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The EU Money Laundering Blacklist : A Case of Barbados


Over the last five decades, Financial Intelligence Units across the globe have worked with governments globally to develop robust anti money laundering (AML) and combating the financing of terrorism (CFT) policies and legislation.

On May 5th 2020, the European Union expanded their money laundering blacklist to unfortunately include Barbados from October 2020,  amongst 12 other jurisdictions that they deem as high risk. The blacklist mentioned five particular areas for Barbados to improve on, these range from; a lack of risk-based supervision for businesses that are likely to be used for money laundering to knowing the complete ownership of the companies based there.

This ill-advised decision is an injustice to the Barbadian AML legislative framework and deeply contrasts with the national AML/CFT reforms that Barbados have been developing over the last two years. According to the FATF, (the global money laundering and terrorist financing inter-governmental body that set the standards and regulations that aim to prevent illegal activities).  “Barbados completed its mutual evaluation report (MER) in November 2017 and since then has made progress on a number of its MER recommended actions to improve technical compliance and effectiveness”. The legislative amendments to Barbados’ AML/CFT regime have defended Barbados to a certain extent as the Financial Action Task Force (FATF) agreed that Barbados would be placed on a monitoring list. It must be noted that the FATF have not placed Barbados on the money laundering blacklist, the European Commission, whom are one of the founders of the FATF have decided to blacklist Barbados so there seems to be a level of disparity between these two global standard setters.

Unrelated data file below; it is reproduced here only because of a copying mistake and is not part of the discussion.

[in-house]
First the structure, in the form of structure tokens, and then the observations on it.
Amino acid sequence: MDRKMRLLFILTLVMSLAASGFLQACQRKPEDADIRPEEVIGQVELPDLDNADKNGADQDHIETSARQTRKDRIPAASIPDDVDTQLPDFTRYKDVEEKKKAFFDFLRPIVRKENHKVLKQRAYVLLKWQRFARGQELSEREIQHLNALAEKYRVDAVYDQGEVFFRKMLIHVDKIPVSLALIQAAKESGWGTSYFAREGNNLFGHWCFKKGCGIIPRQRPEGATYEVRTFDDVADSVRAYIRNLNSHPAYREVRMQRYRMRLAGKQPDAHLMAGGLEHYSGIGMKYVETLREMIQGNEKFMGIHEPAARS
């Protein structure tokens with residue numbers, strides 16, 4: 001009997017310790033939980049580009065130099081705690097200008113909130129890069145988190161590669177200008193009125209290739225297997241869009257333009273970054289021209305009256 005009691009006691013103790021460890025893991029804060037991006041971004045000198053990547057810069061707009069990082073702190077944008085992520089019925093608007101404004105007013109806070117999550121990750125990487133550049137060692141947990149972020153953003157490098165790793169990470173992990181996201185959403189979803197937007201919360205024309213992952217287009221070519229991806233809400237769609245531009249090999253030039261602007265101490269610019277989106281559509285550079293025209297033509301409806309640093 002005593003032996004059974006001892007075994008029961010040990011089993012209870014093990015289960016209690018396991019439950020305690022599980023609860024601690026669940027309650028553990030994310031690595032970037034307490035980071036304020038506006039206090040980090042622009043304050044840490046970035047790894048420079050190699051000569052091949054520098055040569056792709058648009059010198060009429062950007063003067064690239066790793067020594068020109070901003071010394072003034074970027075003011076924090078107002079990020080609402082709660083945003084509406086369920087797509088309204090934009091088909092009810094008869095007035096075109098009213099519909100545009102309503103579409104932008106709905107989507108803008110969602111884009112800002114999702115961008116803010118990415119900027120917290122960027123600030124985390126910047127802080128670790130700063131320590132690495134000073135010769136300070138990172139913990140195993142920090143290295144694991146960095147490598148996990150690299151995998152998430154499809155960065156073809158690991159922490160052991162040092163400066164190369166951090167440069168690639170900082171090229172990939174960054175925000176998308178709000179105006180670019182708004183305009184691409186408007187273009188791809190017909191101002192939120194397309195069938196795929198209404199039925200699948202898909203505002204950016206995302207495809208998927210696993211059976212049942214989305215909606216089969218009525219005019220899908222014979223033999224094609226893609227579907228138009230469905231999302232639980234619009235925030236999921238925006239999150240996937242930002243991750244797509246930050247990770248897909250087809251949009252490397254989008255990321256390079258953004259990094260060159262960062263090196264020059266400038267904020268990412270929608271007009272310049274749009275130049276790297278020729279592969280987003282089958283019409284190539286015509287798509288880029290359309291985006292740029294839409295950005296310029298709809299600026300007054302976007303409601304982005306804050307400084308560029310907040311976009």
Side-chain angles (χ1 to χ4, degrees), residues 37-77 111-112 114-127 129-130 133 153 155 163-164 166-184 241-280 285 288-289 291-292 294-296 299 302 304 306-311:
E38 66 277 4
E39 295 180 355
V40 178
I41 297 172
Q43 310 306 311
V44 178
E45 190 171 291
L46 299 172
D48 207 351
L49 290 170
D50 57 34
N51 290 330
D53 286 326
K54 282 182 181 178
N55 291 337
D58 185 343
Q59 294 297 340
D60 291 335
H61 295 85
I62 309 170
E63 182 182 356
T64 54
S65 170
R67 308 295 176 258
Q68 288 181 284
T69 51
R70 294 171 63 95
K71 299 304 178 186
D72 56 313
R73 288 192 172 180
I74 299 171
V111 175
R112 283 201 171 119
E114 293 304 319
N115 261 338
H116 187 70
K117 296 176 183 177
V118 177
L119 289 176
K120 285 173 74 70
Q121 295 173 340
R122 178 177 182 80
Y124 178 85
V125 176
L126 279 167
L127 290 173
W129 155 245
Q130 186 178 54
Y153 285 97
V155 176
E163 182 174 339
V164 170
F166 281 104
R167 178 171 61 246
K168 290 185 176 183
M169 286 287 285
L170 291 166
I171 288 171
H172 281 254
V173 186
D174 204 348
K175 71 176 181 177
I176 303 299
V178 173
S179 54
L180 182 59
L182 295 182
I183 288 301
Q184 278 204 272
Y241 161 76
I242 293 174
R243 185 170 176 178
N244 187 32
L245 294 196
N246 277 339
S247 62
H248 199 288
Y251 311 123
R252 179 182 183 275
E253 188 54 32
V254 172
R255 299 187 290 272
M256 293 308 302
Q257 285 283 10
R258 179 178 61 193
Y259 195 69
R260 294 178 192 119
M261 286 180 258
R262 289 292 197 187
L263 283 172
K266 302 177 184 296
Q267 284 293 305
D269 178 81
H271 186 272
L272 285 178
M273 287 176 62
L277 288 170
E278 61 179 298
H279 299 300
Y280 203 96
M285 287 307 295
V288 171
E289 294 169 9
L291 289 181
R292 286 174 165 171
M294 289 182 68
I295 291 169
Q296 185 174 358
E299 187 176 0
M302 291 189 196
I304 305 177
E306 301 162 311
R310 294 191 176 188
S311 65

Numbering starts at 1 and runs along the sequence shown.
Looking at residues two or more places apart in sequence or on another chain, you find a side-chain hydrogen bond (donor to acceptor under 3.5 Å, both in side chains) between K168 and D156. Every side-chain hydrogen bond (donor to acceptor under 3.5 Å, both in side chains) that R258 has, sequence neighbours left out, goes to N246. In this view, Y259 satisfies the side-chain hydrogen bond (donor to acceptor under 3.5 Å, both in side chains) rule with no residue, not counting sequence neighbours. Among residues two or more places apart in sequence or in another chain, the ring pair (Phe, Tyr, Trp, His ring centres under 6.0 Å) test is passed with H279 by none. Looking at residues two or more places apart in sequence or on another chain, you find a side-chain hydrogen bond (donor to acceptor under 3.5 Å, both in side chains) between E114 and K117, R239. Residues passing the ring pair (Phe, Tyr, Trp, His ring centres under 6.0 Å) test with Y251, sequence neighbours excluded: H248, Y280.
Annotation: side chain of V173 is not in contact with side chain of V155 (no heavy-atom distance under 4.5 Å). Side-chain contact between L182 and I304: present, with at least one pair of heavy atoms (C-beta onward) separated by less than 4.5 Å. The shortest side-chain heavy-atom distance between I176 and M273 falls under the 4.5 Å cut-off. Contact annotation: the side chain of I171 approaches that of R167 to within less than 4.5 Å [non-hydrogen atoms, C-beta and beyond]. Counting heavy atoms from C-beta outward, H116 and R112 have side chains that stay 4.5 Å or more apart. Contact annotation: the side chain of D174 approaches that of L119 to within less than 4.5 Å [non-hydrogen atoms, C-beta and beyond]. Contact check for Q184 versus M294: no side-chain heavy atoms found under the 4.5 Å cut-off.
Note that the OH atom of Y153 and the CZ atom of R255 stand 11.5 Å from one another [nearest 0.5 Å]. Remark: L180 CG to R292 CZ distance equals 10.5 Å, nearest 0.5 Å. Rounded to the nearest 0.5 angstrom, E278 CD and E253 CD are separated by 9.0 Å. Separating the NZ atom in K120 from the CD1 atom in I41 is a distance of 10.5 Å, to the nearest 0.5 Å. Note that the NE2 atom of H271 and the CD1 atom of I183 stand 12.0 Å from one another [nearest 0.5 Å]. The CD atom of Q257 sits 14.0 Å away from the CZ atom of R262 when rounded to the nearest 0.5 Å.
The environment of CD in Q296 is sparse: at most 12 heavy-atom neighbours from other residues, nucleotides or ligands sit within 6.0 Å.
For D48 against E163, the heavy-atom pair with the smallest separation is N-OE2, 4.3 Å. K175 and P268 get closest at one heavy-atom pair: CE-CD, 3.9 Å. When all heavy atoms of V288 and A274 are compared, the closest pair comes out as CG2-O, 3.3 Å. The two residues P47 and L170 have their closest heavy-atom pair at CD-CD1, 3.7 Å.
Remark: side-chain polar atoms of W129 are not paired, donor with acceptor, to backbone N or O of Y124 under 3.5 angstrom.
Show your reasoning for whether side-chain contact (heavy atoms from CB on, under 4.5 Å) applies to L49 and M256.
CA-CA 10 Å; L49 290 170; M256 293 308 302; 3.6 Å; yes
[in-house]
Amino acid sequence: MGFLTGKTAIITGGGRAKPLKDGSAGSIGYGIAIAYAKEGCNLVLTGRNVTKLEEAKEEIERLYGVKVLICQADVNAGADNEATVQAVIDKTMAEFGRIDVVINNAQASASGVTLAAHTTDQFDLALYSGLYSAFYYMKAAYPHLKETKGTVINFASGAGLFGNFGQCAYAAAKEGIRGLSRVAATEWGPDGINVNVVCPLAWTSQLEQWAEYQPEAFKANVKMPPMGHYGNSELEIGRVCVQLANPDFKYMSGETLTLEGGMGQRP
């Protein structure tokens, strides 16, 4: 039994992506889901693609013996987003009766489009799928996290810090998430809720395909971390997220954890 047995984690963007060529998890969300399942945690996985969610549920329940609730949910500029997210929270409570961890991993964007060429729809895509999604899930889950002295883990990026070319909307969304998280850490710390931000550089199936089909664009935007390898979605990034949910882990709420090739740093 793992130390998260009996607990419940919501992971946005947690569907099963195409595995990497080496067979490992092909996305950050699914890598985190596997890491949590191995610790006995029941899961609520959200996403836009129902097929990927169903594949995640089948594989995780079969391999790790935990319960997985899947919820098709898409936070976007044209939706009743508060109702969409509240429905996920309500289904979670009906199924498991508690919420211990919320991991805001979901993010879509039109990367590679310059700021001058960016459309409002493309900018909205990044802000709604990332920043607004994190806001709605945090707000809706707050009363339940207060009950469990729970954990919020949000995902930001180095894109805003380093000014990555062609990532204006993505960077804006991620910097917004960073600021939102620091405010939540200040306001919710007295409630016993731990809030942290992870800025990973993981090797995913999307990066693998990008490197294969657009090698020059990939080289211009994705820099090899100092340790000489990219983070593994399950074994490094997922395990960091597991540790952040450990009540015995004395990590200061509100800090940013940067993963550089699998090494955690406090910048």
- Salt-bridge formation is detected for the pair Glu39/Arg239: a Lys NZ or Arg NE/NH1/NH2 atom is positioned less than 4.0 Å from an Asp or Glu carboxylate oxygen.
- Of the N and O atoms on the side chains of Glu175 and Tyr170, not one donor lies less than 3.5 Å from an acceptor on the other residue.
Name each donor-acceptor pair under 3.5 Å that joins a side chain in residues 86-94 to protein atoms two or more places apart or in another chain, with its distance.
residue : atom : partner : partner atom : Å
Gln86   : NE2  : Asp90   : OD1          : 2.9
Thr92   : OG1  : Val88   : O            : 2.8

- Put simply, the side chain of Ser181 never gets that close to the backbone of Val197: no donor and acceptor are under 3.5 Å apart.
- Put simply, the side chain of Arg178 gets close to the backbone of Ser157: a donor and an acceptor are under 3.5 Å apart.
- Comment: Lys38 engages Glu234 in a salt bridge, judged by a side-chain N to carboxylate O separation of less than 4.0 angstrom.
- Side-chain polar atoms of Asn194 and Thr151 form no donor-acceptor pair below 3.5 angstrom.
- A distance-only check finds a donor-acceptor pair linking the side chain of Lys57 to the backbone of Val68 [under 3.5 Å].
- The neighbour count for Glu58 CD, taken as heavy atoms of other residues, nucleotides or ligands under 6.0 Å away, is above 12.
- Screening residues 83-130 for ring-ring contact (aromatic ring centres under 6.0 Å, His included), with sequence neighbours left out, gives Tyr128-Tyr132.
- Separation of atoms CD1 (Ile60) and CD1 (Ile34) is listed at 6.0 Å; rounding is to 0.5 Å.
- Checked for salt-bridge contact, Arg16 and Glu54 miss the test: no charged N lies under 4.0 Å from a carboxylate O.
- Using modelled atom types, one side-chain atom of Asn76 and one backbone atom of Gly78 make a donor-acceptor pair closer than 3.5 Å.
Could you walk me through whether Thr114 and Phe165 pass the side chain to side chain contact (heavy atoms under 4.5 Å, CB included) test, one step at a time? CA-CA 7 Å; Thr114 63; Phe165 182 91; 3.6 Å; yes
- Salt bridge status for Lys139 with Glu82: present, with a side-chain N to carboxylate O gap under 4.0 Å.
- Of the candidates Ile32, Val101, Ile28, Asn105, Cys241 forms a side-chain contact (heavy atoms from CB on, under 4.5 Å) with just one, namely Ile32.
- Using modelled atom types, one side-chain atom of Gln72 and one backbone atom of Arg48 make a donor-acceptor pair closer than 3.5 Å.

A new era of transparency is upon us and has become increasingly important as the world transitions into a new time of compliance and conducting business. Jurisdictions such as Barbados have been and will continue to work towards taking the necessary measures that prevent the misuse of legal persons or arrangements for money laundering or terrorist financing. It’s crucial that both the local authorities and clients know that a service provider or business owner is fully compliant and transparent in terms of service delivery and operations. This builds trust between the client and service provider and also demonstrates compliance to the relevant authorities.

Barbados, along with more than 200 countries across the globe are in the midst of combatting the global COVID-19 pandemic. Some argue that the blacklisting of the 22 jurisdictions could not have come at a worse time. Economies around the world are enduring the severe impact of the COVID-19 pandemic and many are implementing recovery strategies and working towards reopening their countries. The negative connotations that being blacklisted conveys could discourage investors and clients from choosing Barbados as the jurisdiction from which their international business and wealth management platform is established because of concerns with the integrity of Barbados’ banking and financial services industry. It is crucial that banks and service providers reassure clients and investors that they operate and function within a framework of high legal, professional and ethical standards. A reputation for integrity and transparency, knowing your customer and your customer’s customer is the one of the most valuable assets of a financial institution and should always be showcased when interacting with clients and investors